Having set the zero value for both coordinates (both “top” and “left”) our box has been positioned to zero pixels of distance from the upper margin of the browser window and to zero pixels of distance from the left margin of the browser window.

Why has exactly the browser window been taken as reference?

We said that the element is positioned in absolute mode compared to the first parent element which has a position other than “static. Not having in our document any element with position other than “static” the positioning occurs according to the HTML root element which coincides with the browser area. That’s why in this case the positioning has been made in relation to the browser window.

What if we wanted to position our box in relation to another element?

If we wanted to position our box in relation to another element rather than the browser window enough assigning to the element (regarding which our box will be positioned) a different positioning from “static” and adding the HTML markup of the box inside this element.

The element can be positioned in absolute mode in relation to another element present in the page providing the coordinates through the use of the “top”, “left”, “right” or “bottom” properties.

Let’s see a real example of the application of this technique on our blog.

Last month somebody on our italian forum asked for technical details on how the container in a balloon shape used for the comments on our blog was made and he was curious in particular to know how the later made it to adapt each time according to the size of the comment.

balloon

In reality the balloon which contains our comments has only one graphic element: the image of the arrow which indicates the avatar of the author of the comment. The rest is nothing else but a box of a grey background – exactly like the one used in the two previous examples – whose four angles have been rounded through the use of the new CSS3 module “border-radius”.

We change the type of positioning for this box which as predefined setting has the “static” value and we change it to “relative”. In this way whatever element inside the box which will make use of “position:absolute” will be positioned in relation to the box and no longer in relation to the browser window.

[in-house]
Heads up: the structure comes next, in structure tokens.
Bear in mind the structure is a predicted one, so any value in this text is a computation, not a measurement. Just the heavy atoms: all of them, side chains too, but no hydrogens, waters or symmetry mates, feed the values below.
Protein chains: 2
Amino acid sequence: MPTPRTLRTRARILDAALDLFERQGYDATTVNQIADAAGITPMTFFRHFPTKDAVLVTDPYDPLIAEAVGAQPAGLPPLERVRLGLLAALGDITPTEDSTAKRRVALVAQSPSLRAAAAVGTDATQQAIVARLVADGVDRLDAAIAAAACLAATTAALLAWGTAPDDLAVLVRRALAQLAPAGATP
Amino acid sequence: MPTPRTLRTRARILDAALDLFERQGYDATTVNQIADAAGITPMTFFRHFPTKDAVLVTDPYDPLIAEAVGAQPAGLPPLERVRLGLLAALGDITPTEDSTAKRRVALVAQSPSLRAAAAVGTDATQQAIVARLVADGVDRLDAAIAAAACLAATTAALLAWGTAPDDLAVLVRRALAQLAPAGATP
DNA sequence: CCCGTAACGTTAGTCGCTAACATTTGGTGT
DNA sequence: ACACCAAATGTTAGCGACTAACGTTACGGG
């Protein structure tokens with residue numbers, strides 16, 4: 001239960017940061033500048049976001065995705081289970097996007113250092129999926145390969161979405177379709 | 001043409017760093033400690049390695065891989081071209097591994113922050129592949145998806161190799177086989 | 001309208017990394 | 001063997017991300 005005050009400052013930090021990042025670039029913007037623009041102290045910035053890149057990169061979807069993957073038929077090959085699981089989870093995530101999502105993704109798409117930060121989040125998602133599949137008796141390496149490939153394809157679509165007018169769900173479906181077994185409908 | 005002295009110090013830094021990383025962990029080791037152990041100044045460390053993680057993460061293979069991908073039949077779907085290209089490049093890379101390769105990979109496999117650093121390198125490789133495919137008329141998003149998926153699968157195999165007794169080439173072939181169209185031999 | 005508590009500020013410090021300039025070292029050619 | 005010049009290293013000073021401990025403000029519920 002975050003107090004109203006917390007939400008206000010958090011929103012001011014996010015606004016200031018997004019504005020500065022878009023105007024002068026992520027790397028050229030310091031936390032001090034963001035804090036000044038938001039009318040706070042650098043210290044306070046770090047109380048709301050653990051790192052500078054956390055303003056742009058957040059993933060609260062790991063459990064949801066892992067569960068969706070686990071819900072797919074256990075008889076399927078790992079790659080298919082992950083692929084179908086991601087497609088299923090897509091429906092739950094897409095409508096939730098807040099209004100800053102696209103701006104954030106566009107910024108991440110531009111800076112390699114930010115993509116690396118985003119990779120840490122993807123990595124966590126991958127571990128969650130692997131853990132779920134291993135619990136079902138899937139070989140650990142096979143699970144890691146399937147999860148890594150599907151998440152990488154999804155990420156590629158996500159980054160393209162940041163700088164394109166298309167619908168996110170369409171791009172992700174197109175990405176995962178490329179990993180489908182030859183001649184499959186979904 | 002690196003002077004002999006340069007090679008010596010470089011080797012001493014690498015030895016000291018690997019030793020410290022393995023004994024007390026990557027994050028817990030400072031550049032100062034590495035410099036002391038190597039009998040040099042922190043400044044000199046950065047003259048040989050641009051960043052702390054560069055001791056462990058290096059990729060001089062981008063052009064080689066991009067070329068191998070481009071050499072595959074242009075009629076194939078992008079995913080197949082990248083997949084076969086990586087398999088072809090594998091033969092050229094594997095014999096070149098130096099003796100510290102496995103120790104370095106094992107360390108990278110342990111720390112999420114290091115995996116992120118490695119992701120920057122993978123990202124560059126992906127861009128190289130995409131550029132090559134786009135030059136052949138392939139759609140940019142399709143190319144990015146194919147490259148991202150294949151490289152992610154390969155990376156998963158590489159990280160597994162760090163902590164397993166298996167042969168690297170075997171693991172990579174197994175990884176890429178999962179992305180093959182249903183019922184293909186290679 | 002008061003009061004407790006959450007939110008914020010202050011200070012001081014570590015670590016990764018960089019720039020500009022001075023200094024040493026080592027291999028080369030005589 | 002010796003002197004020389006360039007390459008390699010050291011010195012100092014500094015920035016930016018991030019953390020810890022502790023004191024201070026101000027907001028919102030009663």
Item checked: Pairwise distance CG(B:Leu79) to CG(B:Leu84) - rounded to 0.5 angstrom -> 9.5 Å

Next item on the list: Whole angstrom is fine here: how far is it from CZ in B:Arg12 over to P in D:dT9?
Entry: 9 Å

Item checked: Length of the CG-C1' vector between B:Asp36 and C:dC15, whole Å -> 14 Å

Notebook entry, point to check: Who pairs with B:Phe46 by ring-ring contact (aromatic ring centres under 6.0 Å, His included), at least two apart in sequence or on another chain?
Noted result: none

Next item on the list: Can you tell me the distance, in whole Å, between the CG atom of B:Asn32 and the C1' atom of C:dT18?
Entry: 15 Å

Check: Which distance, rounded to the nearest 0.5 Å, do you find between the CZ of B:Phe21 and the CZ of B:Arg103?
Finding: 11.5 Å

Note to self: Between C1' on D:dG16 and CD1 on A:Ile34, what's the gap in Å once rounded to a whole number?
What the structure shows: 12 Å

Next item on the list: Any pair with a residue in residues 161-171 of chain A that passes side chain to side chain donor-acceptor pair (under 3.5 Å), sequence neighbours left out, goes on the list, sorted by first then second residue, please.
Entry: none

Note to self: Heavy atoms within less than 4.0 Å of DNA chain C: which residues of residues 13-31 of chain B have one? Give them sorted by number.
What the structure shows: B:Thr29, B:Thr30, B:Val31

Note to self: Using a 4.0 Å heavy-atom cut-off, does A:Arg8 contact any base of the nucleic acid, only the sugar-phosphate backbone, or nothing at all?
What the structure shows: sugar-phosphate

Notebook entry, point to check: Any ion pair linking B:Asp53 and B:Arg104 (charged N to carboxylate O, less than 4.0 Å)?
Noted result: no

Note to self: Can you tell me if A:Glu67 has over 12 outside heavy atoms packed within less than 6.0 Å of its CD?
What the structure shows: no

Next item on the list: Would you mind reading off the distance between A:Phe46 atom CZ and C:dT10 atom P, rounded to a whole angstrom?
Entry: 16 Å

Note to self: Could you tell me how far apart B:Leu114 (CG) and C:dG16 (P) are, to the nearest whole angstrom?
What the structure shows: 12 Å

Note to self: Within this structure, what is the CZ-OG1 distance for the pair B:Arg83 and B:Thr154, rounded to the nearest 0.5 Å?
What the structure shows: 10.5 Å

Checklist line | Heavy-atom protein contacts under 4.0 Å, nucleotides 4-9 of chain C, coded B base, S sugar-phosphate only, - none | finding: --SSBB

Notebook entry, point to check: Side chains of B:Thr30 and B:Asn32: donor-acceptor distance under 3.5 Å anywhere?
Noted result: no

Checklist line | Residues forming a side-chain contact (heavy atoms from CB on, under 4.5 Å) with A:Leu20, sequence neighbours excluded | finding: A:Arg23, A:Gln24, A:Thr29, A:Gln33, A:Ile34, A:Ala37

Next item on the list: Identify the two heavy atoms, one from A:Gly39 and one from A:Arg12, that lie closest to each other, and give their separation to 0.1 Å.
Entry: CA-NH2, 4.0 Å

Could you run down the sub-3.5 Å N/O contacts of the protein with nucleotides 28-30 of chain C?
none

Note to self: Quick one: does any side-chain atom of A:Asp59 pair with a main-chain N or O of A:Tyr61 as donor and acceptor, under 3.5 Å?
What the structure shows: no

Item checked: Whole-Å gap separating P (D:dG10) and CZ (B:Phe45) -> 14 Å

This is the CSS rule created for our box:

...
.box-1 {width:470px;margin:60px 10px 100px 50px;padding:20px;background:#d8d7d7;position:relative;-moz-border-radius:11px;-khtml-border-radius:11px;-webkit-border-radius:11px;}
...

And this is the HTML markup used:

<div class="box-1">
    <p>
        Lorem ipsum dolor sit amet, consectetur adipiscing elit. Donec imperdiet erat
        pharetra libero malesuada rhoncus.
    </p>
</div>

Below you can see a screenshot of the box just completed:

balloon-no-arrow

At this point it becomes easy to position the arrow in absolute mode in relation to our box: it will be enough in fact to load it inside the box giving it an absolute positioning and providing the coordinates through the “top”, “left” properties in relation to our box.

Meanwhile we load the arrow inside the box adding the following line to the HTML markup realized previously:

<img src="images/arrow.gif" class="arrow" alt=" " />

As you can see I have assigned to the image a class denominated “arrow” which will serve for setting its positioning in relation to the box. For the time being the rule has not yet been defined inside our style sheet, in fact if we try to reload the page we will display the arrow’s image inside the box but below the text, like it is located at this moment in the normal flow of the document:

balloon-arrow-no-position

Now in our style sheet we define the rule “img.arrow” for positioning the arrow in an absolute mode exactly where we want it to be displayed we provide the coordinates through the “top” and “left” properties:

...
img.arrow {position:absolute;top:30px;left:-22px;}
...

You can see the final result in this example page.

Conclusion

The positioning of elements – as I already mentioned – is one of the toughest arguments regarding the CSS, but a good web designer should absolutely have complete mastery of these properties. In some future article we will see in details also the other values which can be assigned to the “position” property and you will see how, by defining very simple rules on our style sheets, results of an optimal aesthetic impact can be obtained.

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The Author

Nando is administrator of Edi Group, a Sicilian web agency founded in 2005. He deals with the development of web applications in php language and the implementation and administration of databases. And besides Microsoft Trainer with years of experience in regional and private training courses as a designer and lecturer.